I've been helping someone find more options for photo surface papers, luster/pearl/fiber gloss types, that are more affordable than the premium baryta offerings, and premium manufacturers.
Based on Ernst's great info here-
http://www.pigment-print.com/spectralplots/spectrumviz_1.htm
and of course Mark's at Aardenburg, it seems there are virtually none of these papers without significant OBAs and reported changes in paper white over time.
I did note in Ernst's info, with interest, Moab's Juniper Baryta Rag. Of course it is a baryta paper, but their offerings are generally more affordable. But I find no prices for it on line anywhere.
I have not yet downloaded and studied every pdf from Mark, but in the meantime, if anyone has any recommendations it would be greatly appreciated.
Thanks
I hope everyone's holidays are great.


You must have noticed that almost all the RC papers, gloss to matte, have OBA content with the exception of some proofing papers that either have little or no OBA content. I use Epson Proofing White SemiMatte RC that has a tiny bit of OBA in the paper base according Mark McCormick. The surface may not be everyone's taste but for portraits it should be good. Good gamut BTW.

In the baryta/fibre qualities you see a dividing line, the ones with little or no OBA content are mainly Cotton based and by that more expensive. The cheaper ones with alpha cellulose base or ECF paper have on average a higher OBA content.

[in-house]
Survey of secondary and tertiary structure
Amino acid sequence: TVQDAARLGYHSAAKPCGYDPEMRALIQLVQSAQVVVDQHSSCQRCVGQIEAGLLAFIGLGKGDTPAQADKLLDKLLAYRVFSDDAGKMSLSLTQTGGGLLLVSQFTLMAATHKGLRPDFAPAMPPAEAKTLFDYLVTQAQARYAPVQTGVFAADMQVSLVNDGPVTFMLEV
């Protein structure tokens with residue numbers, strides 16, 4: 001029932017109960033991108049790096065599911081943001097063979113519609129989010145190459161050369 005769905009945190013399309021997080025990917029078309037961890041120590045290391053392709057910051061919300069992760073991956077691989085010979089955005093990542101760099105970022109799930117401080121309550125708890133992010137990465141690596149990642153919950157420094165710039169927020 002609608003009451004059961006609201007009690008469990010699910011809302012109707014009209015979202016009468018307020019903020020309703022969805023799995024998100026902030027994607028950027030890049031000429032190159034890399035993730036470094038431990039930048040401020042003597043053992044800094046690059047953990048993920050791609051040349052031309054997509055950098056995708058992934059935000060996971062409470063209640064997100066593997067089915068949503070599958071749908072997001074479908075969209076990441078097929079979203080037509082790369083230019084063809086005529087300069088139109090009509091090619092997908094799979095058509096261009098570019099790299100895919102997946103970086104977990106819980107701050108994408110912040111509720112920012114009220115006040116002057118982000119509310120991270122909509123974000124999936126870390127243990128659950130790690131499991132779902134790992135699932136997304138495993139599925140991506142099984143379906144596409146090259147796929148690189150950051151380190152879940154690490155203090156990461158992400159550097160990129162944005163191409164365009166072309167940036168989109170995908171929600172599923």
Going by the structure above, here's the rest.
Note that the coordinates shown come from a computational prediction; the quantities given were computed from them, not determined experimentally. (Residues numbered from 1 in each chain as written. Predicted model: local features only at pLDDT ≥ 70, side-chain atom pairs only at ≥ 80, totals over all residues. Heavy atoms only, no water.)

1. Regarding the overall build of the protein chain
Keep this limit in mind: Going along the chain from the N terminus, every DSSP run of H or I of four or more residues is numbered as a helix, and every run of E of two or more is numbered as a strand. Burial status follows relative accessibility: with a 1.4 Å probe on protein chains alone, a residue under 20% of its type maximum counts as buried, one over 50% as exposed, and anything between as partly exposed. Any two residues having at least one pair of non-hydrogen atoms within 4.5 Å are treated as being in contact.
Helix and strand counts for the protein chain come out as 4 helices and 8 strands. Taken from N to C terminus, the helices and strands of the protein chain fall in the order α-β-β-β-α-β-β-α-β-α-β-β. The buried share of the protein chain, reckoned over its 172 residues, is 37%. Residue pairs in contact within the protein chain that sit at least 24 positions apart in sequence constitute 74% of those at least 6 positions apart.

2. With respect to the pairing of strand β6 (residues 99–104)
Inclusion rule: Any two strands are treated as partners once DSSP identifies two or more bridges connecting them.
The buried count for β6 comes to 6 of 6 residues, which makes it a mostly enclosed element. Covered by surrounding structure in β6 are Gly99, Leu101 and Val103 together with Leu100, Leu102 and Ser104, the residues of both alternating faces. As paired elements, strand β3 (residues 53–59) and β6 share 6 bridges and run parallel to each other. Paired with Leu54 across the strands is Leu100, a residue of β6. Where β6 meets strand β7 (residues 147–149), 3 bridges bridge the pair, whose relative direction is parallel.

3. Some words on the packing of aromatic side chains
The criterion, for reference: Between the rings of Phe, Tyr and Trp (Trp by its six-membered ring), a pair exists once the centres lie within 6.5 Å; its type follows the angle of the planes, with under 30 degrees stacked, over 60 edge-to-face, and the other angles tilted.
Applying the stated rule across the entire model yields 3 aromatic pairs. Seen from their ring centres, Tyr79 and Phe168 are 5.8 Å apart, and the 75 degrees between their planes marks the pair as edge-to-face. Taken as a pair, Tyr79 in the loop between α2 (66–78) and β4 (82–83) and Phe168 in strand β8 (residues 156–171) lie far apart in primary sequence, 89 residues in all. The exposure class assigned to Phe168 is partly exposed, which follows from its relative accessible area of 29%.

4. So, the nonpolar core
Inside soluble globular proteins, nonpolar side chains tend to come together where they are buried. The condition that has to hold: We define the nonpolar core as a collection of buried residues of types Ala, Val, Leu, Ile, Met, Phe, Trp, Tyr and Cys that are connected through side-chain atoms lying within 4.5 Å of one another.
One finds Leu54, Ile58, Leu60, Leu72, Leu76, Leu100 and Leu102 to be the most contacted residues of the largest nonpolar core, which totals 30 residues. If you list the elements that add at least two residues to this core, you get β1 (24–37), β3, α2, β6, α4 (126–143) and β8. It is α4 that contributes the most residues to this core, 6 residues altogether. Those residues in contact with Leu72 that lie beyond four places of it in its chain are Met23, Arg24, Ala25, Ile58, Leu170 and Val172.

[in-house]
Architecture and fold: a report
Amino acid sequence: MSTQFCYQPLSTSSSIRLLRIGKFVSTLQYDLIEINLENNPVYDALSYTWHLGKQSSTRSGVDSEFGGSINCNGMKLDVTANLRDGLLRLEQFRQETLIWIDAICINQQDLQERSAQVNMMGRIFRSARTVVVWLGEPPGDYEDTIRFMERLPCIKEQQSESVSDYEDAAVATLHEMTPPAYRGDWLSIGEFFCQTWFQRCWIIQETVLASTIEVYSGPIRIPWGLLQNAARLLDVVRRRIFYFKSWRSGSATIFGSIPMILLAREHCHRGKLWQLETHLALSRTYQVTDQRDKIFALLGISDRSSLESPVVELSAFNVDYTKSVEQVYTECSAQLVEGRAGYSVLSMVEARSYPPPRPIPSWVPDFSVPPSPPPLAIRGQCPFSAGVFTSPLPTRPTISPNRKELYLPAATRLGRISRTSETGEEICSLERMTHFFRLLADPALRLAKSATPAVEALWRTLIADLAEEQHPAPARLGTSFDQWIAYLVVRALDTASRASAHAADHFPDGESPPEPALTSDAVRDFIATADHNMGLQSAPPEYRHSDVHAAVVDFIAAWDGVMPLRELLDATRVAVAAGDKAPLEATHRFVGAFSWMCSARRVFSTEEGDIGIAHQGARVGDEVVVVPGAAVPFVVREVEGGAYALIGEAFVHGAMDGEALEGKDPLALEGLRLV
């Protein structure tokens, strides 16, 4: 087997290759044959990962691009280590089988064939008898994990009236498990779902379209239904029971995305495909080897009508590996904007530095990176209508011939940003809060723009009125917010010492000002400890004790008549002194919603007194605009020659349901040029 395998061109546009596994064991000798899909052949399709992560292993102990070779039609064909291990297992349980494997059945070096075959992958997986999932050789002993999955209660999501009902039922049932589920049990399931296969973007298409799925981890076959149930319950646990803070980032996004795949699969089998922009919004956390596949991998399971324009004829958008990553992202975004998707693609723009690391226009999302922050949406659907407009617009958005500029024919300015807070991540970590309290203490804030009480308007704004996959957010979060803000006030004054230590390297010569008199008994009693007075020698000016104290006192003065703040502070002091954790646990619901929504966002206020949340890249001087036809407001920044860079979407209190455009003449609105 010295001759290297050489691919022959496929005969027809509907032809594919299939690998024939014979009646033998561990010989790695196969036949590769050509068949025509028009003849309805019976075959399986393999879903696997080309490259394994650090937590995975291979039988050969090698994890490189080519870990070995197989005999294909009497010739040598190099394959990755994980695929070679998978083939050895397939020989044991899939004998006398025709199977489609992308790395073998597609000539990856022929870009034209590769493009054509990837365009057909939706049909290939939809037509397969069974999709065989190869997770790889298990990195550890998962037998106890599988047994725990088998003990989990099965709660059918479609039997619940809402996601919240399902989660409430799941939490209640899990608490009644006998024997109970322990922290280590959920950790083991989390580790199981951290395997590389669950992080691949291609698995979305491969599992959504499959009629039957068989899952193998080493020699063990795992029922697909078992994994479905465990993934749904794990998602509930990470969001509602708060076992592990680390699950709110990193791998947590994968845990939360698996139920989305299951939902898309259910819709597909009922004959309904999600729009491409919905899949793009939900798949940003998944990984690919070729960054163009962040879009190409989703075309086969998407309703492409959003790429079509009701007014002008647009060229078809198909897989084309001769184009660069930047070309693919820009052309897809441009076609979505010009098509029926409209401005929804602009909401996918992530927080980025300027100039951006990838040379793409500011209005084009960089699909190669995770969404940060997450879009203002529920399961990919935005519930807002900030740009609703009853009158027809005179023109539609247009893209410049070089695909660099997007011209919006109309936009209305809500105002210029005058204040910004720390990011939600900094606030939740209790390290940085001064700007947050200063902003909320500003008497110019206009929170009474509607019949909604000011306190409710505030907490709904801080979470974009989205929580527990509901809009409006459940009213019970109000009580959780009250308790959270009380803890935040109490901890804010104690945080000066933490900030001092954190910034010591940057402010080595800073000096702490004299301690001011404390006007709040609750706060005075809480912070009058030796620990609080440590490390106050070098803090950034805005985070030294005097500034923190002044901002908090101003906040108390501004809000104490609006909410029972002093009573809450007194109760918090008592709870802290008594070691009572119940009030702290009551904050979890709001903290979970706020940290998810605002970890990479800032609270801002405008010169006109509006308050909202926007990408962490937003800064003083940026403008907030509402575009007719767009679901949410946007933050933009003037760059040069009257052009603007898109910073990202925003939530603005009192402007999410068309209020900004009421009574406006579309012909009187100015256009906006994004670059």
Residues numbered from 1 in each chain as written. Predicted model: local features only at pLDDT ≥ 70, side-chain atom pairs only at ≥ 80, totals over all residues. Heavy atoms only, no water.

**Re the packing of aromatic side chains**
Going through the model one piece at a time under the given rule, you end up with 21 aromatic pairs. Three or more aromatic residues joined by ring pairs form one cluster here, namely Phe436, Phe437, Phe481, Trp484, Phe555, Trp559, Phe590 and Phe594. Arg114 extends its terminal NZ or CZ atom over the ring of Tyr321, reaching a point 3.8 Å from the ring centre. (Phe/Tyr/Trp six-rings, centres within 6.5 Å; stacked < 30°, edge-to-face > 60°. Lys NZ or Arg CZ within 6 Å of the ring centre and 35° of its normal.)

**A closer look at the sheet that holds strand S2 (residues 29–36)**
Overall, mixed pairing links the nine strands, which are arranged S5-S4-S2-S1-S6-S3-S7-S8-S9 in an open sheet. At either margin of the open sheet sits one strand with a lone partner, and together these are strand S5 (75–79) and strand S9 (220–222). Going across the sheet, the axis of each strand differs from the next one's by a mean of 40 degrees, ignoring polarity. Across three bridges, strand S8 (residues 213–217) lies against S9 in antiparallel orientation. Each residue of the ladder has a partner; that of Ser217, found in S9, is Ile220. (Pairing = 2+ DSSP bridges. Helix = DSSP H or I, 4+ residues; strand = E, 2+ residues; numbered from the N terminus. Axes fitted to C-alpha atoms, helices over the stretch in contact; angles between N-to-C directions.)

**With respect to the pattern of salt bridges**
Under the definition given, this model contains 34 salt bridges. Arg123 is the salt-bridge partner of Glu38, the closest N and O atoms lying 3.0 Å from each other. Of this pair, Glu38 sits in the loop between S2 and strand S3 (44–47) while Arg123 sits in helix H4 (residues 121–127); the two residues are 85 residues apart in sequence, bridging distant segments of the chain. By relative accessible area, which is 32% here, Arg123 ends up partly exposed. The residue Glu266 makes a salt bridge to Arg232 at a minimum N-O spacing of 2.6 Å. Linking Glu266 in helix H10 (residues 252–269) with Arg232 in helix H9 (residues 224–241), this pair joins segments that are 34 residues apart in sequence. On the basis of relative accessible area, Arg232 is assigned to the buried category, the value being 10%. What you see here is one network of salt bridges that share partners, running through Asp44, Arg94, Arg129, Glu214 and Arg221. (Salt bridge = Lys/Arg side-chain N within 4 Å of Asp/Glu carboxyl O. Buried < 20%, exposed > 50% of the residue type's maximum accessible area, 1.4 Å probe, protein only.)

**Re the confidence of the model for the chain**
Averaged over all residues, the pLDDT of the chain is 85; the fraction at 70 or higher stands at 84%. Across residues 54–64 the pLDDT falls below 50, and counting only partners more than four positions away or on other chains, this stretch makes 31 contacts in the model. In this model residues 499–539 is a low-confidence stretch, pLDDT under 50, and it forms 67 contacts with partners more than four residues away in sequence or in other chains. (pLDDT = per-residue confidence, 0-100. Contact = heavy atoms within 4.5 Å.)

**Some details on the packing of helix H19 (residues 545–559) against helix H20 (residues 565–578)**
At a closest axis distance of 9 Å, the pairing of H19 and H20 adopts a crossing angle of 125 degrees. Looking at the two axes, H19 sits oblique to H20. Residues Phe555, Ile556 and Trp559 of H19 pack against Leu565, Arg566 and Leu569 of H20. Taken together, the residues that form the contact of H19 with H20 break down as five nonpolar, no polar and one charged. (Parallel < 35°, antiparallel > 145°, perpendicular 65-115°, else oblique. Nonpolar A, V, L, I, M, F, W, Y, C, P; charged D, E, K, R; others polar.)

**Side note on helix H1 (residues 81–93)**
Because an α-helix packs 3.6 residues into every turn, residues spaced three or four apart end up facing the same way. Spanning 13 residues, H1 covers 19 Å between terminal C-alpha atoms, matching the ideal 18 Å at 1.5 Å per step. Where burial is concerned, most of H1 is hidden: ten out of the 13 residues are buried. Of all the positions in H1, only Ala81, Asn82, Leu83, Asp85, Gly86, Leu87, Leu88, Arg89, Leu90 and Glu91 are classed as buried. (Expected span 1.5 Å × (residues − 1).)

OBA content often goes along with a lower price, it is simply cheaper to create a whiter/brighter paper with OBAs. I see some changes in the market, more in the matte qualities though. A purer white paper base + good whitening agents like TiO2 and baryta or composites should not make inkjet paper that expensive. For example the Innova Decor Art and the Felix Schoeller True Fiber Matt have Lab numbers equal to Canson Rag Photographique while they are based on alpha cellulose and their weight is 200 gsm. The price less than a quarter of the Canson paper price. I do not know their light resistance etc but samples hanging bare here for more than a year show no sign of shifting paper white, A more thorough test is required.

Recently I measured some offset papers, among them uncoated ones that have similar light reflectance numbers and no OBA content. So it is not impossible to create affordable papers with qualities we like to see. I measured them because a photographer and the print company owner liked to select a paper for a photobook with less chance that the edges of the bookpages showed yellow discoloring in time. Their choice was for an offset coated type to improve the image quality.

Met vriendelijke groet, Ernst

http://www.pigment-print.com/spectralplots/spectrumviz_1.htm